Elie: I do not hate them. I don't believe in collective guilt. The children of killers are not killers, but children. And they deserve my affection, my efforts to make them human, to give them a world that is worthy of them. Occasionally, I have students from Germany in my classes, and they are the best students I could have. They go back to Germany, and they become leaders who teach their generation the perils of hatred and the danger of indifference. In any society, fanatics who hate don't hate only me—they hate you too. They hate everybody. Someone who hates one group will end up hating everyone—and, ultimately, hating himself or herself.
Oprah: And isn't it true that to begin with, those who hate others really hate themselves?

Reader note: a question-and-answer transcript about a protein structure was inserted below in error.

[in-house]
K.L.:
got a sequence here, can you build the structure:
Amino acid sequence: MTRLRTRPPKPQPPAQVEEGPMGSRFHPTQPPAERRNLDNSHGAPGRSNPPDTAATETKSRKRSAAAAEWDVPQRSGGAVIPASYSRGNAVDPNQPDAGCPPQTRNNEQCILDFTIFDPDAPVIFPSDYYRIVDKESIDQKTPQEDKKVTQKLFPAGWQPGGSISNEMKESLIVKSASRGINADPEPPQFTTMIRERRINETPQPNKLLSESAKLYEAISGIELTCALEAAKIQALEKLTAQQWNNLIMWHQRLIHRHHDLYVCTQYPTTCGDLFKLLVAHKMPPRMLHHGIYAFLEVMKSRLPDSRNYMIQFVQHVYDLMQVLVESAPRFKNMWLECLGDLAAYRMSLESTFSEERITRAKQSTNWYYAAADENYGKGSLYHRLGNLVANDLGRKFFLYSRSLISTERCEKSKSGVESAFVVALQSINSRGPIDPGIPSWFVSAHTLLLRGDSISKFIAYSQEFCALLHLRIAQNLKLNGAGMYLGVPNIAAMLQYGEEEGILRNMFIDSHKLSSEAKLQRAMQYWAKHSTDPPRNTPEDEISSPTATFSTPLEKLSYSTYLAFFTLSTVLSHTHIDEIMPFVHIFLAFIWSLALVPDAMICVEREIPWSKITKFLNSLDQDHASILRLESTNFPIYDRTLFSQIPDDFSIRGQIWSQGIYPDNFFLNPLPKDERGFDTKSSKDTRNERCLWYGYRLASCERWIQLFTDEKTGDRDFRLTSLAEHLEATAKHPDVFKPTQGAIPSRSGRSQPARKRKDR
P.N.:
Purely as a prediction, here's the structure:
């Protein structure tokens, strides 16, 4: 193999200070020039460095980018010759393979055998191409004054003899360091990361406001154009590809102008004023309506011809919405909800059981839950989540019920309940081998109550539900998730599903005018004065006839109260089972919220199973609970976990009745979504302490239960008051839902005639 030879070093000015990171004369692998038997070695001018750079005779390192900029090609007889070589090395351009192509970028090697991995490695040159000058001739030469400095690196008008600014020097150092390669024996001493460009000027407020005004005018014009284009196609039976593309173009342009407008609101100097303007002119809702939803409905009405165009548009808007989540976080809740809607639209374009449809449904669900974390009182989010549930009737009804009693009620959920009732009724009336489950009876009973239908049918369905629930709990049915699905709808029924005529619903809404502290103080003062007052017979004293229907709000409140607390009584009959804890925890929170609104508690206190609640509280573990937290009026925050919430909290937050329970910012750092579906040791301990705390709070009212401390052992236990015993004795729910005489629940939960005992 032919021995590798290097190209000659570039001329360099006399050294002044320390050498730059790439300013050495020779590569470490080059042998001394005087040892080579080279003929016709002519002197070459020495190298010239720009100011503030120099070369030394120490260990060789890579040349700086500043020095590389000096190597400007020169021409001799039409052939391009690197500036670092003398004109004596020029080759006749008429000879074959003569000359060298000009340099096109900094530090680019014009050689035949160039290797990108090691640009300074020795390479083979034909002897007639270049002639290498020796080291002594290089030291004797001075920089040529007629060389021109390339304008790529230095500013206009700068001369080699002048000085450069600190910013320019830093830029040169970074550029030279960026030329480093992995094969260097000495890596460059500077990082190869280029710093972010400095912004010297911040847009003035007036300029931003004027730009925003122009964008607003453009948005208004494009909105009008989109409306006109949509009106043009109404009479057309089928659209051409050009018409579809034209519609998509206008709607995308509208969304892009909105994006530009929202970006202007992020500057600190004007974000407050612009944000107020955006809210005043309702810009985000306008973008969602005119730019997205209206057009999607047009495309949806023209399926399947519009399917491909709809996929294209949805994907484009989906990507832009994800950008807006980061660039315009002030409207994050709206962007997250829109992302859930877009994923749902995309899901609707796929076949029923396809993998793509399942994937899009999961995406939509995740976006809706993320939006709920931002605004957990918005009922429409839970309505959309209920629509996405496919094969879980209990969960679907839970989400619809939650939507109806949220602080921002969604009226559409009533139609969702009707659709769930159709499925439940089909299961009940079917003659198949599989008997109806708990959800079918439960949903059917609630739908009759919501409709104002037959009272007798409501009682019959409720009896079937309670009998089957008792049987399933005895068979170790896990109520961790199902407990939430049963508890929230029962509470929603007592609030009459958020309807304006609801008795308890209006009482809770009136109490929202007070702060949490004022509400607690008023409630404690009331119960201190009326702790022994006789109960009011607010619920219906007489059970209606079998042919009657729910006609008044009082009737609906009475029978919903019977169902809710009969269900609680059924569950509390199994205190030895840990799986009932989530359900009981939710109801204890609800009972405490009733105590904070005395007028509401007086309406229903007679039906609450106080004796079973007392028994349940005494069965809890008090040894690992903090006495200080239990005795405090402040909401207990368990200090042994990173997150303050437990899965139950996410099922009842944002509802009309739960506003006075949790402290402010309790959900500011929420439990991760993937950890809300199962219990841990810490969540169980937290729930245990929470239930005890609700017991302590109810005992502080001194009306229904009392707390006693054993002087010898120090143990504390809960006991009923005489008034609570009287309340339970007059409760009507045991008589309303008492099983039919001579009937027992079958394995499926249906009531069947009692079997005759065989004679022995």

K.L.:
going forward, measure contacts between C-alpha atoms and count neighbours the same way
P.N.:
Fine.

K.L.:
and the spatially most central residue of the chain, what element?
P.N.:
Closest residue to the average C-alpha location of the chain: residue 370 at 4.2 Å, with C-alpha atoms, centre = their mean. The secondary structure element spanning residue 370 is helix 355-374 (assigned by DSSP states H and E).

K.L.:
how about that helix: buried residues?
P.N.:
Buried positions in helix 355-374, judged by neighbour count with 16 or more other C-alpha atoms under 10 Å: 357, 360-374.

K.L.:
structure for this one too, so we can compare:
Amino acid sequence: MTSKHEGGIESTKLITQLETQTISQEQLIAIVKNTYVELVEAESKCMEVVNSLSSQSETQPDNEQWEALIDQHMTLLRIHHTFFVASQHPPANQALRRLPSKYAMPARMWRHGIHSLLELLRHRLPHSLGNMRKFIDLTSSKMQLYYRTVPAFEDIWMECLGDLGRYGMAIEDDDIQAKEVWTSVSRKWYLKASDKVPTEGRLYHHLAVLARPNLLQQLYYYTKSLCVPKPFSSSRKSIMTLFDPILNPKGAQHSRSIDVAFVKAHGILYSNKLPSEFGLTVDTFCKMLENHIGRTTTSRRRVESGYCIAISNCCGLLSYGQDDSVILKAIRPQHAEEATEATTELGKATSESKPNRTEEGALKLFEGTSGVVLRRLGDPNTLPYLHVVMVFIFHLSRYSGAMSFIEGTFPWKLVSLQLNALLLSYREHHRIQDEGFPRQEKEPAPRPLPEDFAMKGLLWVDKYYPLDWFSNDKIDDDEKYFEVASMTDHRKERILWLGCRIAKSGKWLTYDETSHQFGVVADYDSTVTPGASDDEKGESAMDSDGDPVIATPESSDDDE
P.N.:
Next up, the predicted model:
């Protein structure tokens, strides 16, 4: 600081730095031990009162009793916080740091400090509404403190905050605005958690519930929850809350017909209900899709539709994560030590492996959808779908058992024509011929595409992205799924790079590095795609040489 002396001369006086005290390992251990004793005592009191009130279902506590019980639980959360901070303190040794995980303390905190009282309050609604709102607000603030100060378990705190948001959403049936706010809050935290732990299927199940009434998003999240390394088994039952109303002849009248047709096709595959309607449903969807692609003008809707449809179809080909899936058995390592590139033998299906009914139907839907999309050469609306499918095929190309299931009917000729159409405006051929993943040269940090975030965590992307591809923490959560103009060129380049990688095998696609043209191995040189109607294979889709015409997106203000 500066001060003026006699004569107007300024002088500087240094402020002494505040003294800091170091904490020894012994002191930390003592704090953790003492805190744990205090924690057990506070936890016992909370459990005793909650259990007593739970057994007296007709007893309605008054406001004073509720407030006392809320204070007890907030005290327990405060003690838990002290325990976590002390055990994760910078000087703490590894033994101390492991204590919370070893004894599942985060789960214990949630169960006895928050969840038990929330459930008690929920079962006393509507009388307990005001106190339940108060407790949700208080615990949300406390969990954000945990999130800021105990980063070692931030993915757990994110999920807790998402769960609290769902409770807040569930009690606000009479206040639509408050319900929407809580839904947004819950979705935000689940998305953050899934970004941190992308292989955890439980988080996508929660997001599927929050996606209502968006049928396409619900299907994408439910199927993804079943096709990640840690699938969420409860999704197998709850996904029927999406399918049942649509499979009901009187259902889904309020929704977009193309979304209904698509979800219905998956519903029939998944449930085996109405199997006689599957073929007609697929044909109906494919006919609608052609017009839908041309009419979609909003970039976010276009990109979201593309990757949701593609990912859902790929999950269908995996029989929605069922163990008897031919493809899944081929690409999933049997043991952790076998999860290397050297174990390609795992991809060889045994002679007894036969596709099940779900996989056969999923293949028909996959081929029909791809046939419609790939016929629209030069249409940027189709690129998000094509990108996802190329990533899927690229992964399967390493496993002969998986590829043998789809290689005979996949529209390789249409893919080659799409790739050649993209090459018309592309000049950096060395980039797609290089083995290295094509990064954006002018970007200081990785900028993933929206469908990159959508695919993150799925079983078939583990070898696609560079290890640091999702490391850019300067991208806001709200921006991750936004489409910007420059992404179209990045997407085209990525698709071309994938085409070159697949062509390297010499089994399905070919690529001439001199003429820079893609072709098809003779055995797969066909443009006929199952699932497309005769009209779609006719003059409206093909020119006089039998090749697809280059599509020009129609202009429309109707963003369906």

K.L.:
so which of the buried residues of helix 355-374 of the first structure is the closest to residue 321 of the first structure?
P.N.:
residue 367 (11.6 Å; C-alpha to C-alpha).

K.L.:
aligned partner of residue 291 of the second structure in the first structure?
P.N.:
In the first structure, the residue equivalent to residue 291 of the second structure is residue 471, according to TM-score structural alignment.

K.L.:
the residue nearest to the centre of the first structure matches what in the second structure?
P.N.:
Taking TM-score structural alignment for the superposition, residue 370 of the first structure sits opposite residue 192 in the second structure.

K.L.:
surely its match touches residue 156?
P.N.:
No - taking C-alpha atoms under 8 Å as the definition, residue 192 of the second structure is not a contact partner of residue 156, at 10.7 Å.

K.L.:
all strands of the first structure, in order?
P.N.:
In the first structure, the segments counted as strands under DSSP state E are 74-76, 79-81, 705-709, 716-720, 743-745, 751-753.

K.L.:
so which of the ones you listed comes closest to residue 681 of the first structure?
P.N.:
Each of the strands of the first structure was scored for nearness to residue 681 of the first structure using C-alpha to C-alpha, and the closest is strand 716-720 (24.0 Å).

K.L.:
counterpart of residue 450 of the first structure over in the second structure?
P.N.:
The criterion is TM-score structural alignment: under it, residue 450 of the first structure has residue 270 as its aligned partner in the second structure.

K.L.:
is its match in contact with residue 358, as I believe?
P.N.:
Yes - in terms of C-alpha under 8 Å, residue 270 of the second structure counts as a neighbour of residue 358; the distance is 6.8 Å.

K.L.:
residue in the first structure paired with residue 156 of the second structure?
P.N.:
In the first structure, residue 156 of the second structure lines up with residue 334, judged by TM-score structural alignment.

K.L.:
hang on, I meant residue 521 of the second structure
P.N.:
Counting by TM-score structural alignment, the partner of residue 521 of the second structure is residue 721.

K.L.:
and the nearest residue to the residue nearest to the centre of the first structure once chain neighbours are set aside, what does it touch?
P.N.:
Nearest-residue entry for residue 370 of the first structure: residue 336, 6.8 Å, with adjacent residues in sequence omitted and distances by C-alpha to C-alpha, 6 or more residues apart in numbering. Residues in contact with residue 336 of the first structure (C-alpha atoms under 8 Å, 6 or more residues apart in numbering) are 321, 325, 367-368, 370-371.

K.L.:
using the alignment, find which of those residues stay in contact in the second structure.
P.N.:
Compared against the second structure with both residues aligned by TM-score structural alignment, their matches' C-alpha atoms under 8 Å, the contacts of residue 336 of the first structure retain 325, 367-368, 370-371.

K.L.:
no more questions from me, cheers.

Elie: Yes. They need to hate in order to feel superior.
Oprah: On your first night in the camp, you saw babies being thrown into the flames. Can you ever forgive those who killed the children?
Elie: Who am I to forgive? Only the children themselves could forgive. If I forgive, I should do it in their name. Otherwise, it is arrogant.
Oprah: Do Holocaust-like events continue to take place in our world?
Elie: I don't like to compare one atrocity to another. That would be demeaning to both.
Oprah: It's an insult to all those who were involved and sacrificed their lives.
Elie: It's an insult. Every tragedy is unique, just as every human is unique. When a person loses someone dear to her, who am I to say that my tragedy was greater? I have no right. For that person, her tragedy is the greatest in the world—and she is right in thinking so.
Oprah: By becoming a voice for those who are suffering, are you doing what the world did not do for Jews during the Holocaust?